THE devastating floods in Brechin earlier this month came as no big surprise to locals and neither should they have to anyone who visits the town and looks up at the landscape around it.

Flood preventions schemes will not work. They cannot work. And the £16 million of public money spent in 2016 effectively went down the drain – or down the river, to be more precise.

Brechin is shaped liked a bowl and in the middle of the bowl’s curvature is the river. The appropriately named River Street, where the houses had to be evacuated, has repeatedly been flooded for more than 200 years. Only last November, 30 households had to evacuate.

There is a certain arrogance in us if we think we can stop it. I lived in the town for several years and it seems inevitable that it will keep happening. The only smart thing to do is to leave it as it is and keep the area as a flood plain. Or we can keep throwing money at it and constructing walls and drains, and hope our engineering can outwit nature.

But there is another option.

We can learn our lesson and finally take the teaching to heart.

Go to the river South Esk and look up at the valley to the hillsides and what do you see? Barren sloping hills with nothing on them. At the tops you might see a few scattered spruce plantation trees but that is it. And this is one of our big problems.

Trees and forests are essential to keep ground water levels down. Trees with strong healthy roots dig down into the soil of our hillsides and drink the water that is there. If there are no trees, the water will simply roll down the slopes. The canopies and roots also divert rainfall, slowing down its course, and preventing it from rushing into rivers all at once.

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But we can’t just have any trees. We need old trees. A diverse mix of them. Native trees. Healthy trees.

We do not have enough of any of those (only 4% of Scotland is native forest).

Instead, we have Sitka spruce plantations, like the ones you see scattered around the hills in Brechin, and across a lot of Scotland. Grown in 30-year cycles to then cut down again and replaced. This is good, we need wood.

The National: Scots Pine near Ennerdale that suffered from wind burn

But it wreaks havoc on our ecology. Spruce plantations, and pine plantations too, do not allow a lot of life inside them. Little wildlife, and you won’t see many birds. But the soil, especially, is poor. The roots are not given time to dig deep and take a good hold of the earth, so they are left weak and exposed to any arriving storms.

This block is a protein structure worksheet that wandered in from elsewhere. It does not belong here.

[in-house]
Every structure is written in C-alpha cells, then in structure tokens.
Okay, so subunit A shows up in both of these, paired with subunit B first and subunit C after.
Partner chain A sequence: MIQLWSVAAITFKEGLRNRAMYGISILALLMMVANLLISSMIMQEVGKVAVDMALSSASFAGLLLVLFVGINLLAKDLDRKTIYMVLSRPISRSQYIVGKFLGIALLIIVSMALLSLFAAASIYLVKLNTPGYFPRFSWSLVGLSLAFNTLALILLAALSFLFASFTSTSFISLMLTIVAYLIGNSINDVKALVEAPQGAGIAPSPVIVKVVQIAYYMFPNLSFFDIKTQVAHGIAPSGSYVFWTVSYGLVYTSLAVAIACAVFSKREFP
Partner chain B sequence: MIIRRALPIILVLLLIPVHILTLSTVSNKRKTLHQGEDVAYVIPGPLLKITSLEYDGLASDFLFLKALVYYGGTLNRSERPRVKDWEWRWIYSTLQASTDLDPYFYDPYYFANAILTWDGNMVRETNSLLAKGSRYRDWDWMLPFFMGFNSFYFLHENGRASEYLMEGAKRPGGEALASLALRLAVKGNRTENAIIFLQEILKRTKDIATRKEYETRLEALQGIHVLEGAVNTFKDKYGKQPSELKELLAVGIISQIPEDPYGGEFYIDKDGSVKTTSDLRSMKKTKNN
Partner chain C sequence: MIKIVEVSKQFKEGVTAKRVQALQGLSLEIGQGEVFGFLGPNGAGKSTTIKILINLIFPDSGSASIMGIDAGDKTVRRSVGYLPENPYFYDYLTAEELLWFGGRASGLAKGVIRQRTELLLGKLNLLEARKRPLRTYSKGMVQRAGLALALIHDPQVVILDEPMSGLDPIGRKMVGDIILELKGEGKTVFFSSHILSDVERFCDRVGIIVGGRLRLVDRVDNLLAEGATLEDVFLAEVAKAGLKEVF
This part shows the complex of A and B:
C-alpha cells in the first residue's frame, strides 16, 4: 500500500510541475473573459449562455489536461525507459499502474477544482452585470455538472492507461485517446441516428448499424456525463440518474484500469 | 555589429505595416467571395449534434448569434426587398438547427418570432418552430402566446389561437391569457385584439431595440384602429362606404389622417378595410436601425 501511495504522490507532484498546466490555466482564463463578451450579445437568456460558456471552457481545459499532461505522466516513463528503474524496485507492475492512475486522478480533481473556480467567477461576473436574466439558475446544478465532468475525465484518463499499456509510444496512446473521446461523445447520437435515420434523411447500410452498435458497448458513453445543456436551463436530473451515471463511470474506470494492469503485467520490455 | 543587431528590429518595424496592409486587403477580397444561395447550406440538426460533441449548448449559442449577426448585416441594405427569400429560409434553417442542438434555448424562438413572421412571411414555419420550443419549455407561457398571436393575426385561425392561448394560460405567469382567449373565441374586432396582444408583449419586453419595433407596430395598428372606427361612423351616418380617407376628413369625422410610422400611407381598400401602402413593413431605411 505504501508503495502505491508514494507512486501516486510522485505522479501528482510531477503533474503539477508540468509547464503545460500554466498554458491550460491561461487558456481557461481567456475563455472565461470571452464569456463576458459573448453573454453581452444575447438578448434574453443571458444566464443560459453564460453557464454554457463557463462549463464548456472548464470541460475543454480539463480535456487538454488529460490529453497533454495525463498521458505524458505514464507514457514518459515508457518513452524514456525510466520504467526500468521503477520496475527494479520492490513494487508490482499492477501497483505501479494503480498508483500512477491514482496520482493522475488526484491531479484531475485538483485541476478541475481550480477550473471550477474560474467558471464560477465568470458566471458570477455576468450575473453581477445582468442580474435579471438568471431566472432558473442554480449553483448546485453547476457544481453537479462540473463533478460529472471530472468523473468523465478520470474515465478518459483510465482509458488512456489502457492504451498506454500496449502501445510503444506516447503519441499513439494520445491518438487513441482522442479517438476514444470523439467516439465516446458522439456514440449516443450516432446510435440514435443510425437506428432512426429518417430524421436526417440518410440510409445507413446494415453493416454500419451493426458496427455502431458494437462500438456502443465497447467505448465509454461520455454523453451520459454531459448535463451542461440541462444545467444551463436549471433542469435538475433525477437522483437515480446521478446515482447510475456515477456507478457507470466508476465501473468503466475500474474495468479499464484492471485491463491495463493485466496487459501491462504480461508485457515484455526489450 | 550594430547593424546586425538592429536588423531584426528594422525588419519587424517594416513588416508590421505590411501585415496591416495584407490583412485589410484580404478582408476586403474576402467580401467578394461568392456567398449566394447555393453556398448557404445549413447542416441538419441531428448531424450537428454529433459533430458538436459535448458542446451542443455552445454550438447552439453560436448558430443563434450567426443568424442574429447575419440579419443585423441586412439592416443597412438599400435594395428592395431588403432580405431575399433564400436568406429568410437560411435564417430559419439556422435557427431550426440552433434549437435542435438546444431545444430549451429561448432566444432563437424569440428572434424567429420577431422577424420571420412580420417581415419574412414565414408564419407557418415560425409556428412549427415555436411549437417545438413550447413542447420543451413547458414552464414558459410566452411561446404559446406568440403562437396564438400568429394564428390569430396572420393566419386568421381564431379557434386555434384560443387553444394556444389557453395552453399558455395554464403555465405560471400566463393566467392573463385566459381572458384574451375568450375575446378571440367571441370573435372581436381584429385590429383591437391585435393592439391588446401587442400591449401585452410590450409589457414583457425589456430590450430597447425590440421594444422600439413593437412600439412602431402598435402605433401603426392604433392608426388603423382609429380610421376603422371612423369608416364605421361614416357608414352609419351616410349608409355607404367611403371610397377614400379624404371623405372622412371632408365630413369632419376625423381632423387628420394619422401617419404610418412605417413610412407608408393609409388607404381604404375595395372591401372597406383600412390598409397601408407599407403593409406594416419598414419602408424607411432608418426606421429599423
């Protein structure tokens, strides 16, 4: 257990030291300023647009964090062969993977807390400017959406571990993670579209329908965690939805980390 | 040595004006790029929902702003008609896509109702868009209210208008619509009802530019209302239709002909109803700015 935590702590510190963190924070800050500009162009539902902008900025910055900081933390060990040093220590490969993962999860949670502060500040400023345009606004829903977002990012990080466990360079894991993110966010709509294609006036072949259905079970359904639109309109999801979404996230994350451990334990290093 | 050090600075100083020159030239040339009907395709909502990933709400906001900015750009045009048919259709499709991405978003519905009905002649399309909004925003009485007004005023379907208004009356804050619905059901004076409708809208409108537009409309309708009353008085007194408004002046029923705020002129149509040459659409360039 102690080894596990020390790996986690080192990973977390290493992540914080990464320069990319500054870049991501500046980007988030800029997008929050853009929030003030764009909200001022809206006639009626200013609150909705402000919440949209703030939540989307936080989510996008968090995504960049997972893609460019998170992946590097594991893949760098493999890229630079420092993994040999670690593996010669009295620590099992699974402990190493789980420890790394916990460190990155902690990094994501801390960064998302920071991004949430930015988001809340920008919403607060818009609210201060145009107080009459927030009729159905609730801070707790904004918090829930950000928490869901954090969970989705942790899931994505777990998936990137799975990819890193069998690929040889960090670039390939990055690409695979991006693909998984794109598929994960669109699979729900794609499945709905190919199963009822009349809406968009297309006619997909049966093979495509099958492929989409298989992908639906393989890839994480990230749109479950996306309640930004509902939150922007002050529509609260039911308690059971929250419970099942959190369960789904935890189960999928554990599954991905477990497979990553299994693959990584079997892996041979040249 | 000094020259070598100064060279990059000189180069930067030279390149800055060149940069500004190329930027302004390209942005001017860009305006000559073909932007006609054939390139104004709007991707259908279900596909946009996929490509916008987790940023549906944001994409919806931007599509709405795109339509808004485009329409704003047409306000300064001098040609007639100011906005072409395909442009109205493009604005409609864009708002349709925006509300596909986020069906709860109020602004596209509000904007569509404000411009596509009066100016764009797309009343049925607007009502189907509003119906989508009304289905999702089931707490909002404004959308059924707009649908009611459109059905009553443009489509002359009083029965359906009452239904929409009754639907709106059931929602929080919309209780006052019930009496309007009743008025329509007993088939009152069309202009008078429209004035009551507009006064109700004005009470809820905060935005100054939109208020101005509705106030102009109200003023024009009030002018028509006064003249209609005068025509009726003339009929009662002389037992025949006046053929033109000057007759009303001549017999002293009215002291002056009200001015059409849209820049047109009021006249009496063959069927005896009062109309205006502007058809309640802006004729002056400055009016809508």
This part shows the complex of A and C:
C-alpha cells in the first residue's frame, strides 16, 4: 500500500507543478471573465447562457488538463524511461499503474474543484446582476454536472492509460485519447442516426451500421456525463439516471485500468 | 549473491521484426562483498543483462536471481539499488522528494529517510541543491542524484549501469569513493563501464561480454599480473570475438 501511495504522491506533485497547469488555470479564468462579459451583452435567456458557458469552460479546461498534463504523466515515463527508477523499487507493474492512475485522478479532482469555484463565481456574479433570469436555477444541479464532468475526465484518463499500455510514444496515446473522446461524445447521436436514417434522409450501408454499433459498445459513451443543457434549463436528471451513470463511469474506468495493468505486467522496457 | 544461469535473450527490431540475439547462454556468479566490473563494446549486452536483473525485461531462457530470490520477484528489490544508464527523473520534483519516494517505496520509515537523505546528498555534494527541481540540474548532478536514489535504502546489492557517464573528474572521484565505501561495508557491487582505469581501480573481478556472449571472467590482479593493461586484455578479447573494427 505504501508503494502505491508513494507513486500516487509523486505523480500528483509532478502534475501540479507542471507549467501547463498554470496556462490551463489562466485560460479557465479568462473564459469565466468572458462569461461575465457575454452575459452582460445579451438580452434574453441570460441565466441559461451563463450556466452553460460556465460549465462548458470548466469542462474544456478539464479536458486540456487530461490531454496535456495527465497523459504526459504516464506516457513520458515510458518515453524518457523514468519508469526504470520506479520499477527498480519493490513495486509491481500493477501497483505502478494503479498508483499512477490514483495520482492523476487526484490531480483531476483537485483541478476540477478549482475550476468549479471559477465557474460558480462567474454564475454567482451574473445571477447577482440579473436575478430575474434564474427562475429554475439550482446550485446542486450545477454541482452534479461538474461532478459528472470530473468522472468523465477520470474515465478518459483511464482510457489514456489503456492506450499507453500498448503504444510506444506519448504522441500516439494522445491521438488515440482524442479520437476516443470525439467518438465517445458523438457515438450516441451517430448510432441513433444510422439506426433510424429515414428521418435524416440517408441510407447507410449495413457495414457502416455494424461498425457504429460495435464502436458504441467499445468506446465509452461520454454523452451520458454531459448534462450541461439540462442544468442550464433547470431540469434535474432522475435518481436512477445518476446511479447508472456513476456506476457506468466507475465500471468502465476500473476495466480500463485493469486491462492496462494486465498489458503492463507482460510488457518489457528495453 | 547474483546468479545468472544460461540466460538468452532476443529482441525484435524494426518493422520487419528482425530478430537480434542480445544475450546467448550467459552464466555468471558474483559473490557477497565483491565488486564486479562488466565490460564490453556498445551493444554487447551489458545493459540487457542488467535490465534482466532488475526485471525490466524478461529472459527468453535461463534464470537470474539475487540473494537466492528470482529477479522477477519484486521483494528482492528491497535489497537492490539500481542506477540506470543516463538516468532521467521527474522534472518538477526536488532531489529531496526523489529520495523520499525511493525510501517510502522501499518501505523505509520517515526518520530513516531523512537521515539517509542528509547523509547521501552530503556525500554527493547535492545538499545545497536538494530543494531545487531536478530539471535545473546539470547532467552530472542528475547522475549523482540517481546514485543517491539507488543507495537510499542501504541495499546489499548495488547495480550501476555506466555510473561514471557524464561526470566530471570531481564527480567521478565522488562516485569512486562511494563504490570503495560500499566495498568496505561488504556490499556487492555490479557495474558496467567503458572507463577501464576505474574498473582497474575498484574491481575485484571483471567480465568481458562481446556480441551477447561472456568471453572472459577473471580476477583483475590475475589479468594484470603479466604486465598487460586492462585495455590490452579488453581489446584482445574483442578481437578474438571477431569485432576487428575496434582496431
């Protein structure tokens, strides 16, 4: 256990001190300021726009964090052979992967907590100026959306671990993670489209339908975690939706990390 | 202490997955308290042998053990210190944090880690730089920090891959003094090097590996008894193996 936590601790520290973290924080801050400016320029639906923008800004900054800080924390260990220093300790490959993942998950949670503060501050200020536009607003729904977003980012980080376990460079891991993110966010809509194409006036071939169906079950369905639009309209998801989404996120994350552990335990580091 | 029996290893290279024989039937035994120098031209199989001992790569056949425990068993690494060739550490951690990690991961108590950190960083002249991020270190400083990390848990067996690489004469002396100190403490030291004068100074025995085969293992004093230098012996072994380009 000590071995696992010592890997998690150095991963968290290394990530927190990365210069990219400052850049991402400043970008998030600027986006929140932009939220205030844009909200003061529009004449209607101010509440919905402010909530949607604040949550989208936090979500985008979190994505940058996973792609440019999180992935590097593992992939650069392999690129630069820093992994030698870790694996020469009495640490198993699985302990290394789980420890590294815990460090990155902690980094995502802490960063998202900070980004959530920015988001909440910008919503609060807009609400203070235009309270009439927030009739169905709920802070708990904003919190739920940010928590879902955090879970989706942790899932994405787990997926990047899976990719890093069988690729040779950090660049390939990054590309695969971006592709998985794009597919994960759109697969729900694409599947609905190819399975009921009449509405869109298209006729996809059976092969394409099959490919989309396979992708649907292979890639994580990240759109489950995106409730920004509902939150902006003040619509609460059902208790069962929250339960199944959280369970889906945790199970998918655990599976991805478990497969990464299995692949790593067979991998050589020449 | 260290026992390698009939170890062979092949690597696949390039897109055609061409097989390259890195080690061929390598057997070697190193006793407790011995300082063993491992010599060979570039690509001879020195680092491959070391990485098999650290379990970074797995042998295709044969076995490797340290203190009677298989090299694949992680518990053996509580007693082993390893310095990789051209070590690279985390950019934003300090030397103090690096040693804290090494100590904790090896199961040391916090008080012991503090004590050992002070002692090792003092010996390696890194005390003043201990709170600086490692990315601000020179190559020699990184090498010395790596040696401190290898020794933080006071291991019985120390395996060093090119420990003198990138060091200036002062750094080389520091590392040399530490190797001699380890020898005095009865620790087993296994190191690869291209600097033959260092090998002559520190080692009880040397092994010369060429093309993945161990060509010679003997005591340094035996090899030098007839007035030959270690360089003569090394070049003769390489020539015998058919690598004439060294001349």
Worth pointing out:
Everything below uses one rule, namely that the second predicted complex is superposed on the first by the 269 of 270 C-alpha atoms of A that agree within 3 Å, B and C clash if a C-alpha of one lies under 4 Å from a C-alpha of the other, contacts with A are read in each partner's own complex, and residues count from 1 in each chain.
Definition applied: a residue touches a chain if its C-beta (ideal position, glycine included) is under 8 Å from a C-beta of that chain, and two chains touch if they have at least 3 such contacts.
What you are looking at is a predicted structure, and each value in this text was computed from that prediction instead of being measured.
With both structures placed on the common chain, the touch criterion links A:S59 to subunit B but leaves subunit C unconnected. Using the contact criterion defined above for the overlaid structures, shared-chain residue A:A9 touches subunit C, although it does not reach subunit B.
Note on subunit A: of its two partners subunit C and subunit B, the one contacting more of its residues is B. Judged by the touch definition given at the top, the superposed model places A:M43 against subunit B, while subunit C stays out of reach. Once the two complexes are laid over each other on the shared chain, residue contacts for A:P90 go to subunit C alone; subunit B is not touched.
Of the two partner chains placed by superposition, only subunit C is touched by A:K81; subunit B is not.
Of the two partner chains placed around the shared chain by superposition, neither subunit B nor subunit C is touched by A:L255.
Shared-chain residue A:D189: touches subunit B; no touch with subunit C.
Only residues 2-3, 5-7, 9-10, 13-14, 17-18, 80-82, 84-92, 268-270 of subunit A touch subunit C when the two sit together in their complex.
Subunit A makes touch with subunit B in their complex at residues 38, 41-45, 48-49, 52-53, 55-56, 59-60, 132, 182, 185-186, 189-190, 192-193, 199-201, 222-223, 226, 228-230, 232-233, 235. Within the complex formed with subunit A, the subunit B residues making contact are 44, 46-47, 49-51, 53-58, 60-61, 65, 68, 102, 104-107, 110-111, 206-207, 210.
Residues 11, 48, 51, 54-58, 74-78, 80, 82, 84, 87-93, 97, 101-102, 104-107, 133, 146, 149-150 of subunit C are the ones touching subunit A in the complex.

This was ruthlessly shown last year, when storms Corrie and Malik came in on the back of each other and wiped out whole forests in Angus in the space of a few nights. The soil was so thin, and the tree roots so weak, that when the winds came, the trees simply toppled into each other like so many dominoes. And then it was all gone.

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I studied ecology for years and have done a lot of work with nature conservation charities such as National Trust and Trees for Life, but this was a shock to even me.

Some of my favourite local forests, that I used to love to walk in and had often gone to restore myself and to be at peace, were ripped out and totally destroyed. Many of the fallen trees have still not been moved. Go there now and it’s like a bomb site.

We have to take heed and learn from this.

Because with climate change things will only get much worse.

But there are plans to try to sort some of these problems in sensible ways. Forestry and Land Scotland recently purchased the nearby Glen Prosen Estate.

Its remit is to “make significant improvements over time – restoring riparian zones and eroded peatland, adapting existing plantations, and creating new native woodland to increase the land’s resilience against mounting threats such as climate change and biodiversity loss”.

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They also plan to: “Consult communities … and develop and combine plans for the Glens into one Angus Land Management Plan covering Glen Doll, Glen Prosen, Glen Isla and Glen Markie. It will take 12-18 months to develop and some initial changes to the landscape should be noticeable within two to three years although significant woodland expansion will take several more years.”

The consultation process has been excellent and local communities have been encouraged to input their opinions and desires for the Angus hills and glens.

At the moment (in my probably very strong opinion), they are currently very ugly. Barren. Lifeless. Tamed. Domesticated. There is little ecology in them and they are not healthy. Sporting estates add into this, too.

But this is very promising. One hundred years ago, forest only covered 5% of Scotland. It is now 18% (the European average is 43%) and the right trees and forests are starting to be planted, where it is practical.

We have to be positive and learn the lessons we have been shown.

We can’t fully prevent future floods, but we can offset them, reduce their impact and be more prepared for them in future – by showing common sense, and working and living alongside nature. And not trying to outsmart it.